CINCINNATI (AP) — Uwe Romeike knows his family's future in the United States is at stake, but he's hoping the law — and a little prayer — help to keep them in the country.
Romeike, his wife Hannelore and five of their six children crowded into a federal courtroom in Cincinnati on Tuesday to hear attorneys argue over whether the family qualifies for asylum. The Romeikes, avowed home-schoolers from Bissingen an der Teck in the state of Baden-Wuerttember, Germany, are hoping the U.S. 6th Circuit Court of Appeals sees the threat of jail time and loss of their children as persecution under German law and allows them to stay in the United States.
"We are prepared to stay," Uwe Romeike told The Associated Press. "We cannot prepare to leave. I wouldn't know how to do that."
The Romeikes, who live in Morristown in eastern Tennessee, are at the center of an international case concerning Germany's law requiring all school-aged children to attend public or private schools and be taught a curriculum outlined by the state. The Romeikes want to home-school their children, a practice banned by the German government.
A three-judge panel from the appeals court fired sharp questions at attorneys for the Romeikes and the Obama administration, which is seeking to enforce an order rejecting the asylum claim. The judges quizzed attorneys on the motivation behind the compulsory school law and whether home-schoolers should qualify as an identifiable social group that could be persecuted.
Judge Jeffrey S. Sutton asked Michael Farris, an attorney for the Romeikes, if the law targets home-schoolers specifically or if it is applied broadly to everyone. Sutton also noted that the Romeikes can spend time after school and on weekends teaching their children whatever they choose.
"What they're doing is forbidden in that country," Sutton said. "But Germany is not forbidding home-schooling ... It's not like saying you can't teach them at home in the evenings."
"There are generally recognized human rights principles here," Farris responded. "It's a religious freedom claim, you honor."
Farris said international human rights standards for educating children allow parents the religious freedom to educate their child any way they see fit. By refusing to send their children to schools and choosing home schooling, the Romeikes are justifiably defying the state to exercise their freedom of religion, said Farris, who works with the Home School Legal Defense Association in Purcellville, Va.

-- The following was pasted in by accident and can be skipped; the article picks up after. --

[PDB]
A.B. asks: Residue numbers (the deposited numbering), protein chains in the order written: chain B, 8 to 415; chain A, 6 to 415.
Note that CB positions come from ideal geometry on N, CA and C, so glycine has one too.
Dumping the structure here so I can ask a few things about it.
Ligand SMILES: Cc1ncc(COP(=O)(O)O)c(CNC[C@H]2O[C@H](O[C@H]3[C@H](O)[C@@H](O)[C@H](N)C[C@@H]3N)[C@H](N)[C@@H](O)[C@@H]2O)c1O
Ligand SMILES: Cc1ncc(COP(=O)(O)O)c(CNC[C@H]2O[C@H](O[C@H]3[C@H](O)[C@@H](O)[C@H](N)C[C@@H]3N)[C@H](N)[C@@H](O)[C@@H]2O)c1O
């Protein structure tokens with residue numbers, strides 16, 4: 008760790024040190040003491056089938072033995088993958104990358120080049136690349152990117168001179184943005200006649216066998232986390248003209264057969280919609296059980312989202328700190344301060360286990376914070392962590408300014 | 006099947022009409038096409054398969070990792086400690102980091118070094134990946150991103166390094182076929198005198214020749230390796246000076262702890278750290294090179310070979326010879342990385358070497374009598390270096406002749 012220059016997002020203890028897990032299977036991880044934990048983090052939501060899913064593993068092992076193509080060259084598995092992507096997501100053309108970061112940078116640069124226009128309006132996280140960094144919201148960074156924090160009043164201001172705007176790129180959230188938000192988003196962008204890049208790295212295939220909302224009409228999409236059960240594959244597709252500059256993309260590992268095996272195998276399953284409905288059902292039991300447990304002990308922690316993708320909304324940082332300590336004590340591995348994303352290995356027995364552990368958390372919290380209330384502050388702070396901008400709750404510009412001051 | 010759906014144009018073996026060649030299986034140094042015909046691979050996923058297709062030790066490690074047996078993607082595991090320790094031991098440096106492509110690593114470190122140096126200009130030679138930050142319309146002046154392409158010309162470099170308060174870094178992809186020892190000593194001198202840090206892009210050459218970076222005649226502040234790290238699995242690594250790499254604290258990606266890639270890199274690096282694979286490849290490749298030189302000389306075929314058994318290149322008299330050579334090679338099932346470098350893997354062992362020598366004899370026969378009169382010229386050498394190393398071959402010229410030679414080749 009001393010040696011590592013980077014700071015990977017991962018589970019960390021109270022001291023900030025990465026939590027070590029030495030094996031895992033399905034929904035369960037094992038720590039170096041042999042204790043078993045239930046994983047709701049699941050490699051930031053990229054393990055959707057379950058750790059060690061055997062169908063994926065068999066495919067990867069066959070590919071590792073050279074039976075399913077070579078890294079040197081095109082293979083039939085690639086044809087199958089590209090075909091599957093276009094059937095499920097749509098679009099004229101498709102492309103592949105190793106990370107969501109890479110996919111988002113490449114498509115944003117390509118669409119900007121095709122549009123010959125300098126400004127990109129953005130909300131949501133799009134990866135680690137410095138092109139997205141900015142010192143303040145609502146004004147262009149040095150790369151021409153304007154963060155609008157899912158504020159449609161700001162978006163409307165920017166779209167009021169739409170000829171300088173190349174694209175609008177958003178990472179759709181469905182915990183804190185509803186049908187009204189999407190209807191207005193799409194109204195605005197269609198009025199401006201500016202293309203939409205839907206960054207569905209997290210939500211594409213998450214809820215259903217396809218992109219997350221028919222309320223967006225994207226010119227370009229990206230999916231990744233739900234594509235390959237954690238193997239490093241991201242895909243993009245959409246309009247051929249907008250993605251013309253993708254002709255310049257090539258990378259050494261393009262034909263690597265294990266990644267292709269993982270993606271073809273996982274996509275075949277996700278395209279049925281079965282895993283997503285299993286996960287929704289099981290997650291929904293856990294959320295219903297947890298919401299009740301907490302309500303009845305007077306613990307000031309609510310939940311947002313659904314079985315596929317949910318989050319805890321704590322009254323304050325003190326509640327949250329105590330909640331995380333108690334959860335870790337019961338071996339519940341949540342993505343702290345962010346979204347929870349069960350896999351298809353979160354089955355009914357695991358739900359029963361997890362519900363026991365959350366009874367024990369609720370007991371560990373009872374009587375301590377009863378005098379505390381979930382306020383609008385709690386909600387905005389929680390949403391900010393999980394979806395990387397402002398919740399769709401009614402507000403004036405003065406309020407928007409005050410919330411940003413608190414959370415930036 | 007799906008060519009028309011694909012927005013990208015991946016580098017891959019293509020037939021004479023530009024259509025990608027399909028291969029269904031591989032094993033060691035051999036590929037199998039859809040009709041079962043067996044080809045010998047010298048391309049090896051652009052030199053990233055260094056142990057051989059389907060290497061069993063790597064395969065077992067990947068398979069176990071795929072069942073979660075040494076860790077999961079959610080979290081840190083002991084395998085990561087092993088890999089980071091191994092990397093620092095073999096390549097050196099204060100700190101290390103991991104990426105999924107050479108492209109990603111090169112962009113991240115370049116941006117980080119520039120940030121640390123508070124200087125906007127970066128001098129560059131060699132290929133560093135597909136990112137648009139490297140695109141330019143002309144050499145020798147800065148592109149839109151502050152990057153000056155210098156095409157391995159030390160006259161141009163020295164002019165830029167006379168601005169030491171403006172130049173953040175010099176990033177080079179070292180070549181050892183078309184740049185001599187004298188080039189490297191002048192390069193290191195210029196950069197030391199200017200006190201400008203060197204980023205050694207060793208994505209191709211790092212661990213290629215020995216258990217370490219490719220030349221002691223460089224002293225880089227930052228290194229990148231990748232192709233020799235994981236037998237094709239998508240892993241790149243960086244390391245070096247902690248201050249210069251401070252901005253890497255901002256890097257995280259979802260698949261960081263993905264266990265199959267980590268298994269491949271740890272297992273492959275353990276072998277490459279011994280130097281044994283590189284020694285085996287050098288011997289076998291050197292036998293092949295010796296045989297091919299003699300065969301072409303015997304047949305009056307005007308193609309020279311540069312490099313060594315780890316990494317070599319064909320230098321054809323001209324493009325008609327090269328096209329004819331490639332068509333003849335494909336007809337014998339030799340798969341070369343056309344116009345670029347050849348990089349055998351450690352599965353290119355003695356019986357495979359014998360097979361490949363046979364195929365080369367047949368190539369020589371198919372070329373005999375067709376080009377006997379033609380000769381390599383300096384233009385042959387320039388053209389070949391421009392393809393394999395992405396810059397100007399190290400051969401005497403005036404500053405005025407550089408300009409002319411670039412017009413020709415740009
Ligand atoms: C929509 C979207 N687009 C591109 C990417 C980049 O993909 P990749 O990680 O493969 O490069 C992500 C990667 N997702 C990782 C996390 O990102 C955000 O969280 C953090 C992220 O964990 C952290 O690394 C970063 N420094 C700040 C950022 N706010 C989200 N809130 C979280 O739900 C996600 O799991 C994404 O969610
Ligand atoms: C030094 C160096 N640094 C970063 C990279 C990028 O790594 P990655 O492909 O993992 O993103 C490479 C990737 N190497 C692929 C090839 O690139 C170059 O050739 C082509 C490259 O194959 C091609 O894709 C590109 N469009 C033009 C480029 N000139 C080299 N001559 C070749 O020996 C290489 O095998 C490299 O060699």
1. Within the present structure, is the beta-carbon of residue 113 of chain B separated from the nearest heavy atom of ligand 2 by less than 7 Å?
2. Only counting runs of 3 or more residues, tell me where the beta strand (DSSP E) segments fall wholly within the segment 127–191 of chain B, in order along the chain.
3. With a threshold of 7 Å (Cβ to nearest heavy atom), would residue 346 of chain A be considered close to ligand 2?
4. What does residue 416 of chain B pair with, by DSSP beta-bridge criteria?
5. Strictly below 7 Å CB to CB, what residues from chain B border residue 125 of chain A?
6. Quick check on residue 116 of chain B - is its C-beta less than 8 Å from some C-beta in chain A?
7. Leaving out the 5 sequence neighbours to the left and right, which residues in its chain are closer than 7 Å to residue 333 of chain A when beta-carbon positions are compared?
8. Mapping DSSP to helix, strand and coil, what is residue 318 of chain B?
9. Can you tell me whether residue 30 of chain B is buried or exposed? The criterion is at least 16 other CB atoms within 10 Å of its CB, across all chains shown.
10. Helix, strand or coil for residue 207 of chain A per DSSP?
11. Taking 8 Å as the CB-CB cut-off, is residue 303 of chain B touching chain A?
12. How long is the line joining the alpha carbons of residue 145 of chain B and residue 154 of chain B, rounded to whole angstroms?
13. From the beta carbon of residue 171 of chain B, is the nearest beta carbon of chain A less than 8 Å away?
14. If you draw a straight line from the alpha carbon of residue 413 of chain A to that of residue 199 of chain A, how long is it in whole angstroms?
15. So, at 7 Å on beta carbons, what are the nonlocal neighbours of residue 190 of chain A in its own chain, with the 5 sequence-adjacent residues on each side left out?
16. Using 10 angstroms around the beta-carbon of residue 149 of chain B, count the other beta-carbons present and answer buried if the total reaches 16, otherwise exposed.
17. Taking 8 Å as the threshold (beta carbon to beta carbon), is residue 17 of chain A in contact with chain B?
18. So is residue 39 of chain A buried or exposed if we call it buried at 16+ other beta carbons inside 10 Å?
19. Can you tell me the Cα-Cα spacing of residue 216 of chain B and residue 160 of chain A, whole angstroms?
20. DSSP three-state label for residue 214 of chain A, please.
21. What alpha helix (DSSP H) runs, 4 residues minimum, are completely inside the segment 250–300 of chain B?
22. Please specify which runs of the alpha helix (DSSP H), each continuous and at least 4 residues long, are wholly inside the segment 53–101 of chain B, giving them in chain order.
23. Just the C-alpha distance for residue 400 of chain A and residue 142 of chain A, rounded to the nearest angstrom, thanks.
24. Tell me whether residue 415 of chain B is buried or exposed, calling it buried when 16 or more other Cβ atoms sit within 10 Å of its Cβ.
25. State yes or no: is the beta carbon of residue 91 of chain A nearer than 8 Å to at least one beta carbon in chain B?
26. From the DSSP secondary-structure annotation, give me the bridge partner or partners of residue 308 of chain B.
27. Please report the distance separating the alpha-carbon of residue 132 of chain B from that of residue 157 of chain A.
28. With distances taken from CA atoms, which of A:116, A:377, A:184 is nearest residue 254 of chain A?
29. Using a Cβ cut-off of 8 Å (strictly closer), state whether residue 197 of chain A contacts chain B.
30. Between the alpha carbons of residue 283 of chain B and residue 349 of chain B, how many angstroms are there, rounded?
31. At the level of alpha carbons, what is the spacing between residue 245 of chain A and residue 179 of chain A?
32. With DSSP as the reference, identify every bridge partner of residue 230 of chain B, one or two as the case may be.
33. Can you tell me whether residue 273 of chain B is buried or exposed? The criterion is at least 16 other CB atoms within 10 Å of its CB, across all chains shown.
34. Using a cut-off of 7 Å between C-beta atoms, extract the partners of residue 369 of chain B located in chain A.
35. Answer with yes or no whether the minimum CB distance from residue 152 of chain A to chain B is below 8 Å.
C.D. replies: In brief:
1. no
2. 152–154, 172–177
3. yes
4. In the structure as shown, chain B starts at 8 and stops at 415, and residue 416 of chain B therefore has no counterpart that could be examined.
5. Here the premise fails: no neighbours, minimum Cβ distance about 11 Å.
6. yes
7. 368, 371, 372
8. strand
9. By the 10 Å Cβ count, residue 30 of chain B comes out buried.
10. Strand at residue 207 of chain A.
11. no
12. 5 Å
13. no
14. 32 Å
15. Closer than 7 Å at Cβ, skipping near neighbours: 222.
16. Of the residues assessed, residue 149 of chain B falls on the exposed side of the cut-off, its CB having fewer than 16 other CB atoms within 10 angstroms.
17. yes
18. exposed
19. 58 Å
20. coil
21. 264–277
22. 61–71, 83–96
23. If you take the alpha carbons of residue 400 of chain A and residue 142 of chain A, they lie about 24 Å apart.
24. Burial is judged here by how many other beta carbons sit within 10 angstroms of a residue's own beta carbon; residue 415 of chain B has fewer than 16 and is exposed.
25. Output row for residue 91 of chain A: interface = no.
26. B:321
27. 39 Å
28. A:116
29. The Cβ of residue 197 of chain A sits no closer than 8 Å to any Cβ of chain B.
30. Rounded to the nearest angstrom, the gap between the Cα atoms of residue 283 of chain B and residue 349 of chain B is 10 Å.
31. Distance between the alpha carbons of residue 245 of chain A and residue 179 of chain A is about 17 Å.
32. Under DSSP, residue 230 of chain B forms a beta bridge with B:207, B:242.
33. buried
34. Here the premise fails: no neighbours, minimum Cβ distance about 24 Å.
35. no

Judge John M. Rogers seemed skeptical of that argument.
"It just seems like you are opening the door to anyone who lives in a country without all the constitutional protections we enjoy here," Rogers said.
Justice Department attorney Walter Bucchini said the German law "isn't a great law," but it does allow families the freedom to teach outside of the classroom. No single religion or class of people is being singled out by the statute, Bucchini said.
"I'm saying it is one of equal application," Bucchini said.
An immigration judge in Memphis, Tenn., granted the Romeikes' asylum request in 2010. The federal Board of Immigration Appeals overturned that decision, prompting the appeal heard Tuesday.
What the Romeikes did and what happened to them is not in dispute.
According to court documents, the Romeikes took their three oldest children out of school in September 2006 because they felt the school was turning the children against the family's Christian values. After a series of visits and letters by officials, police came to the house the next month and drove the children to school. Hannelore Romeike went to the school at recess and took them back home.
Police came three days later, but members of the family's home schooling support group were there protesting and police left. Next the government in Germany began issuing fines, which eventually totaled about 7,000 euros, or more than $9,000.
The Romeikes decided to leave the country after Germany's highest appellate court ruled in November 2007 in an unrelated case that, in severe situations, social services officials could take children from their parents.
The family's hearing in Cincinnati drew 50 to 60 supporters, some of whom snapped photos of the Romeikes outside the federal courthouse. Jurgen Dudek, a 51-year-old home schooling activist in Arkfeld, Germany, sat inside the courtroom during the arguments. After the hearing, Dudek said the government's arguments are "not waterproof at all" and said there's no proof that families such as the Romeikes aren't being singled out.
"There's no freedom in the educational system," Dudek said. "They seem to be afraid of something."
Standing on the steps of the courthouse, Farris told the assembled supporters that a decision is likely months away and the family will ask the U.S. Supreme Court to hear the case if they lose.
"There's no reason to despair right now because the judges asked tough questions," Farris said. "They'll get to stay here for a while."
With some spiritual help from their supporters, Hannelore Romeike hopes that is the case.
"There are so many people praying for us," she said.
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